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GP Week : Issue 114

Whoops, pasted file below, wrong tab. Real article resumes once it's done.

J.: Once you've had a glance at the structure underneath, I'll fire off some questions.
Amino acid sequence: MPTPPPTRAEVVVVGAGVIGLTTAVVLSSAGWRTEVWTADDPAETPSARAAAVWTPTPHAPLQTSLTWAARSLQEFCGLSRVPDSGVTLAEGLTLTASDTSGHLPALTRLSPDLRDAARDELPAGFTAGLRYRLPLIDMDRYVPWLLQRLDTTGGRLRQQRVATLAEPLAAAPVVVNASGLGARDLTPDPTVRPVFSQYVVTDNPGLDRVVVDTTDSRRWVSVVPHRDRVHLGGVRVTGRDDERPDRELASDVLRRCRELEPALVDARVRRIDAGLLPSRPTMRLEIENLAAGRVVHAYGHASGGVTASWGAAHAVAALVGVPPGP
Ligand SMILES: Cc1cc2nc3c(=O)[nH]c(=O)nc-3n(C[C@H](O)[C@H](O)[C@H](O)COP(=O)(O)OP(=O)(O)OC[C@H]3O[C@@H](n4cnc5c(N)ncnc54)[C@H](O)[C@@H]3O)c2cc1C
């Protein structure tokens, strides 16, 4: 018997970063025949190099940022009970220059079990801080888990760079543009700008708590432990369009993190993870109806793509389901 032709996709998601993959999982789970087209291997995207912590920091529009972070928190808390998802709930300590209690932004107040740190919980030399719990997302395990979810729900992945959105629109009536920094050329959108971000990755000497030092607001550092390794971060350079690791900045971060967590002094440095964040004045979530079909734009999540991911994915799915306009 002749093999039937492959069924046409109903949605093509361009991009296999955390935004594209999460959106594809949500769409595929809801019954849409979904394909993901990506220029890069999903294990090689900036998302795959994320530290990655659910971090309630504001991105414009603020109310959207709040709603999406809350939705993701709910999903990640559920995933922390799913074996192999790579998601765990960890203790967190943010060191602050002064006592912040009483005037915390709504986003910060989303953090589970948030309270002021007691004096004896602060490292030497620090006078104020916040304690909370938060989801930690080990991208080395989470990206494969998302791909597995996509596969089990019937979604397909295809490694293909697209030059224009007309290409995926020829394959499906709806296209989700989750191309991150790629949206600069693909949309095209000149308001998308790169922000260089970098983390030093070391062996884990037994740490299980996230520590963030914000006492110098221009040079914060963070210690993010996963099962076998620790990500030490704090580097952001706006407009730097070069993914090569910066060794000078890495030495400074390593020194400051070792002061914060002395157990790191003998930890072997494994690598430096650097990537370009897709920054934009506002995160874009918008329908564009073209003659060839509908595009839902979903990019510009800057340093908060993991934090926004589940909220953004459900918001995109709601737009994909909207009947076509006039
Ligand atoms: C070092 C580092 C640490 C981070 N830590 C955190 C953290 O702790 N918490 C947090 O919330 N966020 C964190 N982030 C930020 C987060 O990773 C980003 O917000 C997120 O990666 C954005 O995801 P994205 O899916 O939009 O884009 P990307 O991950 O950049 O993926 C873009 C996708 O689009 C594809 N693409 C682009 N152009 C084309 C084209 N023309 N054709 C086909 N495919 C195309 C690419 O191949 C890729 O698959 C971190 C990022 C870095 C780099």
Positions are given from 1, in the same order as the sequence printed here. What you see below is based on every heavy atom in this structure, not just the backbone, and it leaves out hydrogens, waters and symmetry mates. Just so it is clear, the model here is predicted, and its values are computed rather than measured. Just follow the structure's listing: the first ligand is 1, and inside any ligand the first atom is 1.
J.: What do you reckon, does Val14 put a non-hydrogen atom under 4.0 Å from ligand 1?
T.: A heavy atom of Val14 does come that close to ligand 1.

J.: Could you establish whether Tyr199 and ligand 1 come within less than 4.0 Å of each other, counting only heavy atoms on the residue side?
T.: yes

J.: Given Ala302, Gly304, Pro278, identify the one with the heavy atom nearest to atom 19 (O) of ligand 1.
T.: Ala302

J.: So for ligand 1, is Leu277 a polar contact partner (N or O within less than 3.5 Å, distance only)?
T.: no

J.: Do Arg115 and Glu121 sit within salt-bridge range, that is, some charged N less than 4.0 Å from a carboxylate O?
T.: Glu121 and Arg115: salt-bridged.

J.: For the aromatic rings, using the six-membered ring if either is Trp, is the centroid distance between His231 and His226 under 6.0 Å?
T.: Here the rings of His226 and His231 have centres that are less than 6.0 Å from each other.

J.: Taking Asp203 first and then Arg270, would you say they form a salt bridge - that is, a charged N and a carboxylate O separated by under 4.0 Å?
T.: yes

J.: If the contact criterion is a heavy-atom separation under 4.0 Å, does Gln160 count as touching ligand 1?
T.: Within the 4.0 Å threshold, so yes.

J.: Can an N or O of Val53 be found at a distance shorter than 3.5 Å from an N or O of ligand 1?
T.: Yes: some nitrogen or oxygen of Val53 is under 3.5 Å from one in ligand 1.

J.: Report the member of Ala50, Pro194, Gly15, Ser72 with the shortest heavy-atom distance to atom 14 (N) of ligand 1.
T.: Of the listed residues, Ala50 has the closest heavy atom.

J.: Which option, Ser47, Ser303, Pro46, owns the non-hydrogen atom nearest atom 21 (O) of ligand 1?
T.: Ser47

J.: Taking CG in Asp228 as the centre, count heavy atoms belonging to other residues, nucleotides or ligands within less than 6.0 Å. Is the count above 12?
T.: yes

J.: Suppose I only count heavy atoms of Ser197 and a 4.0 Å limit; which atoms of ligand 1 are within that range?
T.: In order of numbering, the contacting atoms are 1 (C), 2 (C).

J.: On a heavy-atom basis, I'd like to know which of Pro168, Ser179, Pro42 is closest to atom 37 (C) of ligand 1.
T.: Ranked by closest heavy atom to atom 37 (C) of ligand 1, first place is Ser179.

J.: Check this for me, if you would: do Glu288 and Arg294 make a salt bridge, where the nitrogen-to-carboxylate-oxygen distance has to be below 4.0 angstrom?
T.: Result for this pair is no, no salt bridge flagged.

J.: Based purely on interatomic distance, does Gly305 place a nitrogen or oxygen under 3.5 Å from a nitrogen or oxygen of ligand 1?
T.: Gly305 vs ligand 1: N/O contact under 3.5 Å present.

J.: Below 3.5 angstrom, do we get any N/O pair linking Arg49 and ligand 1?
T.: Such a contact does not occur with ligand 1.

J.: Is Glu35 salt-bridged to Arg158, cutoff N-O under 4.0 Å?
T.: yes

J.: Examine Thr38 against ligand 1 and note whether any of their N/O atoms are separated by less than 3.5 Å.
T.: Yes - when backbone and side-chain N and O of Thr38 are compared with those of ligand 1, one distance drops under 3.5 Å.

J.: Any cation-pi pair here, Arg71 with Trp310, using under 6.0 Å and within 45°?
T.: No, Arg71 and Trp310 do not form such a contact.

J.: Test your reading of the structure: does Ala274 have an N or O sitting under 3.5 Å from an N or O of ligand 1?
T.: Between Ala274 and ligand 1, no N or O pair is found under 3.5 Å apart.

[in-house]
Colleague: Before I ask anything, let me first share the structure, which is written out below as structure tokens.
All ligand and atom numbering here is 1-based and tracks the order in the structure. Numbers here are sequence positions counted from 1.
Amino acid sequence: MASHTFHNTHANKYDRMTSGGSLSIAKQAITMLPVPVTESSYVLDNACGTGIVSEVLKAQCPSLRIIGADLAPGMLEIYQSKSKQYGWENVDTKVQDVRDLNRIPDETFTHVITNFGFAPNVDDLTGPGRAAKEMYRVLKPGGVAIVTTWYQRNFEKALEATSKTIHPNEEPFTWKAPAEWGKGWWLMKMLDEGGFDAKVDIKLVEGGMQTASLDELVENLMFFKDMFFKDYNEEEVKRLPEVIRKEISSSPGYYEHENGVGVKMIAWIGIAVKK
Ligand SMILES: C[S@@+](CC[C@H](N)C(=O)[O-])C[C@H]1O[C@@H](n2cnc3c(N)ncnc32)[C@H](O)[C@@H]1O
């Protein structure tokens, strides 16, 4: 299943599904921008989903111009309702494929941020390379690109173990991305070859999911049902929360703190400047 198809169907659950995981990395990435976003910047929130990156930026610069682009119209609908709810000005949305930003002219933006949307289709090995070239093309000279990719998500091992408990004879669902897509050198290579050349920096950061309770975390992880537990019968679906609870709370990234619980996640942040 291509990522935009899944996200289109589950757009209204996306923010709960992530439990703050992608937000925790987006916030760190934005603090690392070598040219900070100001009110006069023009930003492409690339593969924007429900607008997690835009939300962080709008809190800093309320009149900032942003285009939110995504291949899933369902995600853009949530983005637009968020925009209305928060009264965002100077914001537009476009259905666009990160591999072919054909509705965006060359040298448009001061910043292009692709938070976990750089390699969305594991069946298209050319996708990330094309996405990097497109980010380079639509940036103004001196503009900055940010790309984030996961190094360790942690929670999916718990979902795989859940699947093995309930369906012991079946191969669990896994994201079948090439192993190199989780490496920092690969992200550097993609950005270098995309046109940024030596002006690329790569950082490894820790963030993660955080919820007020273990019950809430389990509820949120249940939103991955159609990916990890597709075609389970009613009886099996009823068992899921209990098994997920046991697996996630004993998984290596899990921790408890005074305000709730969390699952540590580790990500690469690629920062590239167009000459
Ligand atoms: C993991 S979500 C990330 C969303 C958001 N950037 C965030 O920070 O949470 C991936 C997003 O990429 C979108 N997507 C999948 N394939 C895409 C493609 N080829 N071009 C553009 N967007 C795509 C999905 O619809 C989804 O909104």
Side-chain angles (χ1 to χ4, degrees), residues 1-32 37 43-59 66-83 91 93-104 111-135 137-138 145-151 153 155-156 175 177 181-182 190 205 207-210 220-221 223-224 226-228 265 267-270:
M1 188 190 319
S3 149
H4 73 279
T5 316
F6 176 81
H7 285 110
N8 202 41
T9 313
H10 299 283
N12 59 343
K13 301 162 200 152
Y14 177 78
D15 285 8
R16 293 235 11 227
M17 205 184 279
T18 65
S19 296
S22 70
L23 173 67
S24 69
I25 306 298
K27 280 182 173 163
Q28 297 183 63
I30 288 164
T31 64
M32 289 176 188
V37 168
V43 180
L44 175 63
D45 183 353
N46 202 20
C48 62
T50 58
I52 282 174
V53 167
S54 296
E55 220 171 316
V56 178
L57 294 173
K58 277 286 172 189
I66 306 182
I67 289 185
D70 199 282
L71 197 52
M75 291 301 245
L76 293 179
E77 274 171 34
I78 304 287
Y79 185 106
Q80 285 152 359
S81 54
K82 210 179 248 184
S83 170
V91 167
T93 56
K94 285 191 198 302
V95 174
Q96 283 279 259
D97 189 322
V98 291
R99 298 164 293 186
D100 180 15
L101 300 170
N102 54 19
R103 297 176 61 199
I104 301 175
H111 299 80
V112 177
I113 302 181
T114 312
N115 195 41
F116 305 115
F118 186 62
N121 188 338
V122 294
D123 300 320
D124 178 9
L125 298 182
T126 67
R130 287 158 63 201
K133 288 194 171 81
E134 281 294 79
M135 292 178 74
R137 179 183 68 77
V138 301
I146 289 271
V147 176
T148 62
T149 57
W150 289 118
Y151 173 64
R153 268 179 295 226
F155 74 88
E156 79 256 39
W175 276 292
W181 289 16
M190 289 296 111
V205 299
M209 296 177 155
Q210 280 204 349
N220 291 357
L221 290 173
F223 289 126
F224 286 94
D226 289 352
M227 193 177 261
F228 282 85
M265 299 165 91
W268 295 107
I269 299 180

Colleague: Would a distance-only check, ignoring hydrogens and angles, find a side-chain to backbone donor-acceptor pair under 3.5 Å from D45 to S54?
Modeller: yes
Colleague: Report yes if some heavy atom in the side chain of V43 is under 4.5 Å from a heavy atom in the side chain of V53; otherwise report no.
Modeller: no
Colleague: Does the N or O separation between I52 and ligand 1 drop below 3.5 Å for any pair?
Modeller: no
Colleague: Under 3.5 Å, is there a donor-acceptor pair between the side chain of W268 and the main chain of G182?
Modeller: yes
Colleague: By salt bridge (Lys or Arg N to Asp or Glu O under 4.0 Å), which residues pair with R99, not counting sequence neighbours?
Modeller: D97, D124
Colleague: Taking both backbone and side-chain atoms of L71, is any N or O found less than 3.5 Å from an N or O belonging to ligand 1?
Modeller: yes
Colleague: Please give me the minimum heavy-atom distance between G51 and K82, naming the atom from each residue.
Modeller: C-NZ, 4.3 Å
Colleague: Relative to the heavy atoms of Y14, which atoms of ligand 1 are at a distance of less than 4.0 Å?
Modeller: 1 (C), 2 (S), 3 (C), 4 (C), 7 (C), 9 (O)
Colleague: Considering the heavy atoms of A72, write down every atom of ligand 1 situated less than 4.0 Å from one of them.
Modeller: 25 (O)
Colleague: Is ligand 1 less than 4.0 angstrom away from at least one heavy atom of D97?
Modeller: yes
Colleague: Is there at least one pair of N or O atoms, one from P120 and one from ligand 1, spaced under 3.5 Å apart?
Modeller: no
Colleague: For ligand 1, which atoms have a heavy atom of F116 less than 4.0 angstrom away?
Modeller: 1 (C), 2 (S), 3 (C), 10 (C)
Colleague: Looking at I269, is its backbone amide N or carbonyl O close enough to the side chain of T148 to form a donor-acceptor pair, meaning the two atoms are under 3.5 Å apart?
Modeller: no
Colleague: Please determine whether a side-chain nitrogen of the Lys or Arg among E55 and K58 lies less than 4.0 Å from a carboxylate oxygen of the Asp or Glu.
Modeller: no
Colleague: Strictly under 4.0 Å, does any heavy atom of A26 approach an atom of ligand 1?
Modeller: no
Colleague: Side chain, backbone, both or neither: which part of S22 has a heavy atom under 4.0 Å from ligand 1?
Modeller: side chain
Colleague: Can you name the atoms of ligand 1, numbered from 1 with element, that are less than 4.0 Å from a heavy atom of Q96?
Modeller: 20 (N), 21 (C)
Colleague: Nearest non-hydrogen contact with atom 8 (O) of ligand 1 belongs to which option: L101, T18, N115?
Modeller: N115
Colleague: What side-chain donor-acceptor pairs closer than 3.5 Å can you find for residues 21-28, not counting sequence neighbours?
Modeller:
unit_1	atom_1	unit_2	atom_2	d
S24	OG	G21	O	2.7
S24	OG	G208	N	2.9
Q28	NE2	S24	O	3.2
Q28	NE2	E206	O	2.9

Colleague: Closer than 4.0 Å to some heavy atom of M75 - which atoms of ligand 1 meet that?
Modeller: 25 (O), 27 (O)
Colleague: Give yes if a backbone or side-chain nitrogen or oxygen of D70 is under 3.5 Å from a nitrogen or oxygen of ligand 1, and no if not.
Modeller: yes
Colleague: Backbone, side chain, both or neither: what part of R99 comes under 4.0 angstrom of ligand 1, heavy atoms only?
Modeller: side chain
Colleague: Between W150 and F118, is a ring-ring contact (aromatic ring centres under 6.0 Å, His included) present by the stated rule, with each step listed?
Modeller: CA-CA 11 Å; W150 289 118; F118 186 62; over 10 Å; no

Alvaro Bautista is definitely the happiest person in the MotoGP paddock. MICHAEL SCOTT spoke to him after the first day of practice for last weekend’s Portugese GP. 5 Minutes with ... Alvaro Bautista GPWEEK: So, what’s it like being back? ALVARO BAUTSTA: Today was very important for me, after one hard month working to recover – today I can ride, so I am very happy for that. Maybe I don’t have enough power in the leg to change direction fast, and when you miss some races your mind needs also to recover, to get back to speed. I want to be my best as soon as possible. What are the risks of coming back so soon? The bone is not 100 percent set, so maybe if I crash it could break again. My doctor in Spain told me that it’s a risk but not so very dangerous. The pin is still there and we’ll keep it until the bone is set fully. I don’t know when that will be – I just think about riding. Like Rossi you used the hyperbaric pressurised oxygen chamber to speed recovery. What is that like? I did that 20 times, also working with my physiotherapist in the swimming pool to recover the movement. It was hard because I live in a small town, Talavera de la Reina, 120 km from Madrid, and I had to travel every day to Madrid. Sitting in the back of the car, resting. I did more than 4,500 km in less than one month. In the chamber, I didn’t feel nothing special. You just rest. No headaches or anything – I felt normal. You are inside a small chamber ... no room to read a book or anything. I slept. One hour at a time – five minutes to change the air, ten minutes to put in pressure, then you are there for about 40 minutes, and then again 10 minutes to take out the pressure. I didn’t feel anything, but the recovery has been very quick. How did you break it – slide into a kerb? When I crashed, I jumped very high, hit the ground, then I slid. Sometimes when you crash, when you stop you feel pain in the leg or the arm. But when I stopped I felt okay, no pain, so I went to stand up ... and the bone collapsed. Your move to Suzuki – you could have stayed with the Aspar team, but you decided to move to Suzuki. Looking back, was it the right decision? Yes. I am sure I did the right thing and I am happy to be here with Suzuki because they support me in everything. It is very difficult to improve a bike in just one year. You can see that with the Honda, you need more time. And they have much experience and much reference. We are doing very good work. Clearly we have to go step by step. You can’t be down then suddenly up. Is it easier for you now you are alone, without Loris (Capirossi) in the team? No. I think it is better now, but not because I am alone. But I have some experience now and I can say what we need to change to go quicker. When I started last year I used Capirossi’s data, everything. After the middle of the season I started to change the bike for me. So this year is better, because I have the reference from last year. Your style is very different from his. A lot, yes. I am smoother. We see from the electronics that he opens the gas from the corner like crazy: from zero to full in less than one second. I am much smoother, and I like to open ... not suddenly. There is a mystery about Suzuki’s involvement next year. Do you know what you will be doing? I know nothing. At the moment I have much work to do this year. For me I need to recover my level with the bike. After this year, I don’t know. You always seem to be happy. Or is it just a face you put on? Yeah. (giggles) Normally I am happy. I think it is better to live with a smile than to be angry. Sometimes I am angry, but I try to forget that feeling. What is your home situation – do you still live with your family? I live with my girlfriend, but in the town where I was born ... Talavera de la Reina. (speaking so fast you can’t pick it up – and laughing again). It is better I write it down for you. It is 120 km from Madrid, on the road from Lisbon. So I am Spanish, not a Catalan. Any favourite books, or movies? Sometimes I read, but I don’t like. As you know a rider likes speed, and books are too slow. Too much time to arrive to the end. I prefer to watch movies. Action or terror movies. How about computer games – any favourites? I don’t play too much, like other people my age. Sometimes I play with the Nintendo Wii, because you are the player and you have to move. I like that more than when you take a stick and move it around. How did you get mixed up with motorbikes? I started to race with minibikes when I was eight years old, and I became professional in 2003. That year I started to earn some money. I’ve ridden bikes and liked bikes from when I was three years old – my father loves bikes and taught me how to ride, and we would ride together. He never raced – just rides for fun. If you hadn’t been a racer, what would you have done? I don’t know. I never thought about any other job. 18